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Post Doc project: PFV embedding LBM: a new numerical tool for micro-hydro-mechanical couplings

Starting: 2016

This project is related to the mechanics of dense multiphase mixtures composed of solid grains and two (immiscible) fluids. Such systems are seldom found in geomechanical engineering (vadose zone in soils, seabed sediments, oil-water and gaz-water mixtures in natural reservoirs,…) as well as in many industrial processes (reactors, mixers, absorbant powders, …). While many research communities are actively working on transfers in such systems (unsaturated fluid flows, retention properties, transport of bubbles,...), the emphasis of this project is the coupling between the transfers and the mechanical behavior - in the sense of solid mechanics - i.e. the deformation and failure of granular materials partially saturated by two fluids. While deformation obvioulsy involve transfers, it makes the problem much more complex from fundamental and numerical points of view.

 

The objective is to develop a new numerical method for the direct simulation of multiphase granular systems at the microscale, enabling numerical experiments and the determination of effective properties through numerical homogenization. The proposed method can be summarized as a multiscale integration of a microcontinuum method (here Lattice-Boltzman, LBM) into an original pore-network approach of multiphase flow in deformable systems. The granular solid phase will be modelized using the discrete element method (DEM).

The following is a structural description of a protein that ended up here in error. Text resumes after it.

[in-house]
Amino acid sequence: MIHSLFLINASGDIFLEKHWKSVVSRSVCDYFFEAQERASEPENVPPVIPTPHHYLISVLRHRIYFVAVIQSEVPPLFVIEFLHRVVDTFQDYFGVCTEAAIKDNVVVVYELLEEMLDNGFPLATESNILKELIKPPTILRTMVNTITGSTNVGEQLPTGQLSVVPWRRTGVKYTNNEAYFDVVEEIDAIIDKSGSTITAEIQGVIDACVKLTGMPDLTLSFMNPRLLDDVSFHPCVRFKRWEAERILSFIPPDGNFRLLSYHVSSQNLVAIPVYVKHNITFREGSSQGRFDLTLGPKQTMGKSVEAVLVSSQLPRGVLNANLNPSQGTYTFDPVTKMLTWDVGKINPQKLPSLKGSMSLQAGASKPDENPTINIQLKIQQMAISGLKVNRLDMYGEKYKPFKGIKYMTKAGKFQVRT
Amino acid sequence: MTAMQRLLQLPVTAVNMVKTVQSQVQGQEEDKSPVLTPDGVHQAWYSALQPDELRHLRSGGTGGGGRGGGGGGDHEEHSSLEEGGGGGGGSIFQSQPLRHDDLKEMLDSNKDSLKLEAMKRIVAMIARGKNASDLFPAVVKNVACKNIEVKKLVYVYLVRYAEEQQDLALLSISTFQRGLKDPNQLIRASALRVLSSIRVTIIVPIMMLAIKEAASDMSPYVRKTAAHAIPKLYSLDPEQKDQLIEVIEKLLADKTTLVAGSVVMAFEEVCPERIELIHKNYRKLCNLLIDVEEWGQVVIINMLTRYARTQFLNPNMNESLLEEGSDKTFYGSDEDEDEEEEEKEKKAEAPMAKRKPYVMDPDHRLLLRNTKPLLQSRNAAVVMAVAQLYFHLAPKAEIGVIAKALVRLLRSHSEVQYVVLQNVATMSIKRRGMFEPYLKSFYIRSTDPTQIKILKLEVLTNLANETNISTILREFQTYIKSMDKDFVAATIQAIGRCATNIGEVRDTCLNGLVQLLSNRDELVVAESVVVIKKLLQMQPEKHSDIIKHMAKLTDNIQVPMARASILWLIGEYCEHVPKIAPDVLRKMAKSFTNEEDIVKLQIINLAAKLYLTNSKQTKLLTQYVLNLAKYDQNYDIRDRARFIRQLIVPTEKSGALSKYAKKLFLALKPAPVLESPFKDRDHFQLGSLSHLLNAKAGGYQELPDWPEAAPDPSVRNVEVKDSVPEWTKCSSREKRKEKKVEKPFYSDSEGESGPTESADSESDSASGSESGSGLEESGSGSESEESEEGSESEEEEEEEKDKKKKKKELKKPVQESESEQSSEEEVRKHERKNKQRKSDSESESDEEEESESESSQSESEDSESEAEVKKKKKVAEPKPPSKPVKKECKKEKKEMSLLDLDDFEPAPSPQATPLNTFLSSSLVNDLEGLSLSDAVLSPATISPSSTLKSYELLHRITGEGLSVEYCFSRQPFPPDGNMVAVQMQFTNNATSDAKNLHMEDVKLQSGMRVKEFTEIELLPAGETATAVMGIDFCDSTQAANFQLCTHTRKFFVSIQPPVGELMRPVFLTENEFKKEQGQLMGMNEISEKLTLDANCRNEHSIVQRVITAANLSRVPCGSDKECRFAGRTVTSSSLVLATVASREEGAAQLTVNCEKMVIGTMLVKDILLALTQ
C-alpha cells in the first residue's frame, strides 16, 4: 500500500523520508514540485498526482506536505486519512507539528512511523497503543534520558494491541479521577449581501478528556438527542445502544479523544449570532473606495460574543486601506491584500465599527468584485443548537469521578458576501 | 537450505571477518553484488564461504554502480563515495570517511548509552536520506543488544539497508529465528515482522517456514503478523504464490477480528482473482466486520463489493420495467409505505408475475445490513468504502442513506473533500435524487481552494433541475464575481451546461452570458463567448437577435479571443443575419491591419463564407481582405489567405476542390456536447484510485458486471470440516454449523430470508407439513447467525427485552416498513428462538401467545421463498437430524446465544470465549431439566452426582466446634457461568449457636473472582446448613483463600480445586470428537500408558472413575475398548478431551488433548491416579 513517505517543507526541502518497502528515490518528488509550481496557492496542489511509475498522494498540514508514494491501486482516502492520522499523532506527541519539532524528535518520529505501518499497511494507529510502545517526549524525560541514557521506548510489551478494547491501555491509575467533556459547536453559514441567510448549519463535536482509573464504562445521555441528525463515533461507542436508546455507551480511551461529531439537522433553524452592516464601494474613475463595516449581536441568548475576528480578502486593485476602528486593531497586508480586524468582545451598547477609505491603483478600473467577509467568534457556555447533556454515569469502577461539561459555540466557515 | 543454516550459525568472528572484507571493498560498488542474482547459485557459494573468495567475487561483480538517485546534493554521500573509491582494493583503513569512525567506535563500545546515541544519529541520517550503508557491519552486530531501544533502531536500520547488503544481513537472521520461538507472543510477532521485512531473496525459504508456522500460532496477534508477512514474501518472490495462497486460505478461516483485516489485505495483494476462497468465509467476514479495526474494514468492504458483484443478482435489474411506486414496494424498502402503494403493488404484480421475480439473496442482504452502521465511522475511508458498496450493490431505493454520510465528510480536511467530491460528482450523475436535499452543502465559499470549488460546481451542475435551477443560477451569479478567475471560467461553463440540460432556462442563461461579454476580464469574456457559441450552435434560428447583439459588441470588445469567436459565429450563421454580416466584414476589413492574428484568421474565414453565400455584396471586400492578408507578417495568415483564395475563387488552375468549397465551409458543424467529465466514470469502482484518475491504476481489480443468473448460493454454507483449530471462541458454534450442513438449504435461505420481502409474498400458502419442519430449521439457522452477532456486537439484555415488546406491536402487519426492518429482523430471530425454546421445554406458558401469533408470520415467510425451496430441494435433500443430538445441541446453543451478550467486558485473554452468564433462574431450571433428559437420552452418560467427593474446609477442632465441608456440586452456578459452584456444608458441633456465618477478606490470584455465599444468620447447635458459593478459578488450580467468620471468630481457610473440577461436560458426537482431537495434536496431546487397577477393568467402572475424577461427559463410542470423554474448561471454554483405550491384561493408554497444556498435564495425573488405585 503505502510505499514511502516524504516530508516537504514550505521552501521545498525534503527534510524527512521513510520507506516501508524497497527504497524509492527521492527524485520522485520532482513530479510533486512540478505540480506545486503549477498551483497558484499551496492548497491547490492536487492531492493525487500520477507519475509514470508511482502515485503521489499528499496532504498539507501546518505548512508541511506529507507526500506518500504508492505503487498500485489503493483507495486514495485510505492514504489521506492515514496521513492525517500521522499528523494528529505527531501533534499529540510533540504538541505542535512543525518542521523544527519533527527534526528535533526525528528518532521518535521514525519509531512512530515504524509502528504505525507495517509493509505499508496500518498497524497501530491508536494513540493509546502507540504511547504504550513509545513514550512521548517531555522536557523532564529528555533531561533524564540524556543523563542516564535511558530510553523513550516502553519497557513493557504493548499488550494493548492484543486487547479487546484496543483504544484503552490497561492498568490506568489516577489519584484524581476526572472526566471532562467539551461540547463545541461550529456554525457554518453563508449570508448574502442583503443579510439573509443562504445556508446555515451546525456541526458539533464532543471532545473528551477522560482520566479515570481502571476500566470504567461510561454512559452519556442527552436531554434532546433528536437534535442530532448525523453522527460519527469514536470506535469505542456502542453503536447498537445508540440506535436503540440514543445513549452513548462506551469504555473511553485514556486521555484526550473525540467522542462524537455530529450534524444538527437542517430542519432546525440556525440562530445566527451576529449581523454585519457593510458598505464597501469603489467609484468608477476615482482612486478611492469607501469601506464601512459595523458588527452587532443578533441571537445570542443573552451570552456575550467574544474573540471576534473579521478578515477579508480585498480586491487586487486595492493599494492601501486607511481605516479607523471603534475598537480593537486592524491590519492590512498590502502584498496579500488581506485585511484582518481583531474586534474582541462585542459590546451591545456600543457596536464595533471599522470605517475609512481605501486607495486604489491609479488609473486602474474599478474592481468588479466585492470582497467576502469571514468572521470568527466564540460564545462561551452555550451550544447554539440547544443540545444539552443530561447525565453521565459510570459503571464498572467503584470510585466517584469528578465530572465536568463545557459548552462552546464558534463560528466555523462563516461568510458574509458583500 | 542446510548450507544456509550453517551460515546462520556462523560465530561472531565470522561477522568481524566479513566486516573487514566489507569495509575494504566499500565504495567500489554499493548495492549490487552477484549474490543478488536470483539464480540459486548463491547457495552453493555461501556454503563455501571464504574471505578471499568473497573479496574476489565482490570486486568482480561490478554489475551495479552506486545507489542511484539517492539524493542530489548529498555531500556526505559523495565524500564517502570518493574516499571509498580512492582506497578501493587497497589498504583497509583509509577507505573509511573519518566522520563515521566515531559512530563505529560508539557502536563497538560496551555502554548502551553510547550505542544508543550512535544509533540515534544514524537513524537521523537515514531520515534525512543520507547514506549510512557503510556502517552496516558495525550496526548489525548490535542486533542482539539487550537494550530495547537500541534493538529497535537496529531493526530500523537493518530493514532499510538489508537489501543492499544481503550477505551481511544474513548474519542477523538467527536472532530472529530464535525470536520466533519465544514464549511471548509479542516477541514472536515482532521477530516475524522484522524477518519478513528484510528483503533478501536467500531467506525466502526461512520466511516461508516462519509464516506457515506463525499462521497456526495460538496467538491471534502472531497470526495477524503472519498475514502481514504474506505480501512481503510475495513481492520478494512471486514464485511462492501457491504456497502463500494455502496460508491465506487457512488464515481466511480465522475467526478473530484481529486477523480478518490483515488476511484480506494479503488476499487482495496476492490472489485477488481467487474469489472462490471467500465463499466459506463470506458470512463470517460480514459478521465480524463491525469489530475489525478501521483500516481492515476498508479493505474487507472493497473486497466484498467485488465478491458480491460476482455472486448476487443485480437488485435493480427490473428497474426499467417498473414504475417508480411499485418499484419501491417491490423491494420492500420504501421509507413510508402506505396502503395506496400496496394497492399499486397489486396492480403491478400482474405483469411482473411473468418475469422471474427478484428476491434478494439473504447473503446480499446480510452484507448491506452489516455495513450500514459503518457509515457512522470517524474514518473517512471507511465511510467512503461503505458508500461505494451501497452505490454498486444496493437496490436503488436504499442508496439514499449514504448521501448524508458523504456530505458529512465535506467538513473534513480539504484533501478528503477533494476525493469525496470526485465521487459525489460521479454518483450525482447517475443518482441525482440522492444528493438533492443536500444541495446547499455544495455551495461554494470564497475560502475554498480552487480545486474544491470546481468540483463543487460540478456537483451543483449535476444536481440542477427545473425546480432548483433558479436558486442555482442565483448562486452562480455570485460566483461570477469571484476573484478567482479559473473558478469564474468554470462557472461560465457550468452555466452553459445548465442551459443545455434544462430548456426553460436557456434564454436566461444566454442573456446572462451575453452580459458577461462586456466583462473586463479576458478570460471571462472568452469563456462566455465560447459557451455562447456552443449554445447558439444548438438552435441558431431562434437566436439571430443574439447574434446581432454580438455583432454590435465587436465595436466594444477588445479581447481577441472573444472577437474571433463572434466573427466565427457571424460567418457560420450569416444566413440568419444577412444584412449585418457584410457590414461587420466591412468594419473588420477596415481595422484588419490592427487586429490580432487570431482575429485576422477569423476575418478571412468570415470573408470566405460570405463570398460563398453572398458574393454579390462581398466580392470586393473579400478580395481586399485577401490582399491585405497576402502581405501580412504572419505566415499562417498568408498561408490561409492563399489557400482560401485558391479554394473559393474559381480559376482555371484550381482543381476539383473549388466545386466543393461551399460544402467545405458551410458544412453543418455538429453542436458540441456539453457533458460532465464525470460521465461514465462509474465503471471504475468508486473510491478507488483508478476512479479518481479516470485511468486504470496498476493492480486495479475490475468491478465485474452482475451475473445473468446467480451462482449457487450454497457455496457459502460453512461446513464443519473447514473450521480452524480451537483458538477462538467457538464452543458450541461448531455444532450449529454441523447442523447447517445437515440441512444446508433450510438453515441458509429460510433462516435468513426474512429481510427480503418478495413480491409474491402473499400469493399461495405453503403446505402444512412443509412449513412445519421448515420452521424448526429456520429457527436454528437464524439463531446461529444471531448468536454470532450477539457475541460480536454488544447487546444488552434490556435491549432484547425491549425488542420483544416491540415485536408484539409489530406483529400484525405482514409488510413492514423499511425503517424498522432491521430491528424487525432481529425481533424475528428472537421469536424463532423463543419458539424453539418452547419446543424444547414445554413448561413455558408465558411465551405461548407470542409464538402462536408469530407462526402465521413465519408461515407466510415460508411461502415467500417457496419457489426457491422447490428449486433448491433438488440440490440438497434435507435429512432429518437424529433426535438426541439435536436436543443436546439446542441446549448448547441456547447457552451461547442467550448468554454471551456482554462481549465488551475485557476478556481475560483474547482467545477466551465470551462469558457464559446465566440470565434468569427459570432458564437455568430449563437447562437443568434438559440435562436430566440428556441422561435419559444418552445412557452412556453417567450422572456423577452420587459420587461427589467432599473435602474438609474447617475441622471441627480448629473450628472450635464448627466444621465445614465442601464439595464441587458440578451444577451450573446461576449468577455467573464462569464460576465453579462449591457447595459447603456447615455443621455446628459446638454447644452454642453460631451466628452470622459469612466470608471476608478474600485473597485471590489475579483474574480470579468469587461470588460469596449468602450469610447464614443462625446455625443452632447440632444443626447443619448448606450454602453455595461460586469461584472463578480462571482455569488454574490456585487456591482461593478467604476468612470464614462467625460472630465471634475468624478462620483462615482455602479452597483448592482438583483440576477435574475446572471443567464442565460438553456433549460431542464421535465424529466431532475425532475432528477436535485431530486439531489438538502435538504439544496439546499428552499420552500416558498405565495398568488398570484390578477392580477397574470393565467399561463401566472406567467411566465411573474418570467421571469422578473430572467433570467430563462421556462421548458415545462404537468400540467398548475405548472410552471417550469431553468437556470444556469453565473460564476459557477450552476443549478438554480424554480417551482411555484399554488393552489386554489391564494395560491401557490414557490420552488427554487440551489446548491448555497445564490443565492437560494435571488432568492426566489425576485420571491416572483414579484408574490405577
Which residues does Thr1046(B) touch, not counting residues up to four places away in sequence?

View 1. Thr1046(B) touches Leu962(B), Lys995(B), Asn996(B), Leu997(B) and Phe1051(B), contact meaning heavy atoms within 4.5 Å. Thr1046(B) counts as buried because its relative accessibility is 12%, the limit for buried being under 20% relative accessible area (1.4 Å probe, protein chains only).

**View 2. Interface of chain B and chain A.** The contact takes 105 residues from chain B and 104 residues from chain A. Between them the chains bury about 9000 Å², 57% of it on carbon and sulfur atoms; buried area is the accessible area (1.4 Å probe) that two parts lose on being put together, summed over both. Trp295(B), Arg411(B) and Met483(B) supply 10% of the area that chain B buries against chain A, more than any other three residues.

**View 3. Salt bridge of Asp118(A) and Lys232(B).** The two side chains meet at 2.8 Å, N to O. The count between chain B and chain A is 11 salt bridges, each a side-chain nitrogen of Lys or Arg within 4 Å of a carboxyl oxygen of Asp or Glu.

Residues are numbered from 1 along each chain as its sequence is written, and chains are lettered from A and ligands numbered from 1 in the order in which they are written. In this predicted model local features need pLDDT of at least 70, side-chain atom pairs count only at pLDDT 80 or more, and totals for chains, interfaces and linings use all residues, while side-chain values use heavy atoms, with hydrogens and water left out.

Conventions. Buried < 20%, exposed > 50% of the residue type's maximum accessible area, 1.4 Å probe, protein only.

Left: decomposition of the pore space of a sphere packing by Regular Triangulation in the DEM-PFV method. Right: distribution of wetting and non-wetting phases resulting from a simulated drainage

 

The originality of the project is manyfold:

 

The microscale approach of complex systems is not original in itself, but applying this idea to deformable multiphase systems is relatively new, especially in the community of granular materials;

 

The pore-network vision of porous media has been very rarely applied to deformable materials, it enables the simulation of many thousands of solid particles in 3D, a bare minimum for reaching the REV size, yet beyond the reach of conventional methods due to computation times;

 

The classical pore-network models (including those developed by the PI until now) are based on analytical expressions of local quantities (volume and hydraulic conductivity of pores or pore throats, entry capillary pressure,...) which are hardly validated by any accurate measurement. In this proposal the local quantities will directly come from numerical results obtained at a smaller scale.

 

The project includes a direct comparison of the simulations with the data of tomography measurements during wetting-drying cycles on spherical beads. The experiments are being done independently of this project yet the setup has been designed in order to enable the comparison proposed here. Direct comparisons of this kind are extremely rare in the literature.

PI: Bruno Chareyre; Post-doc: Chao Yuan

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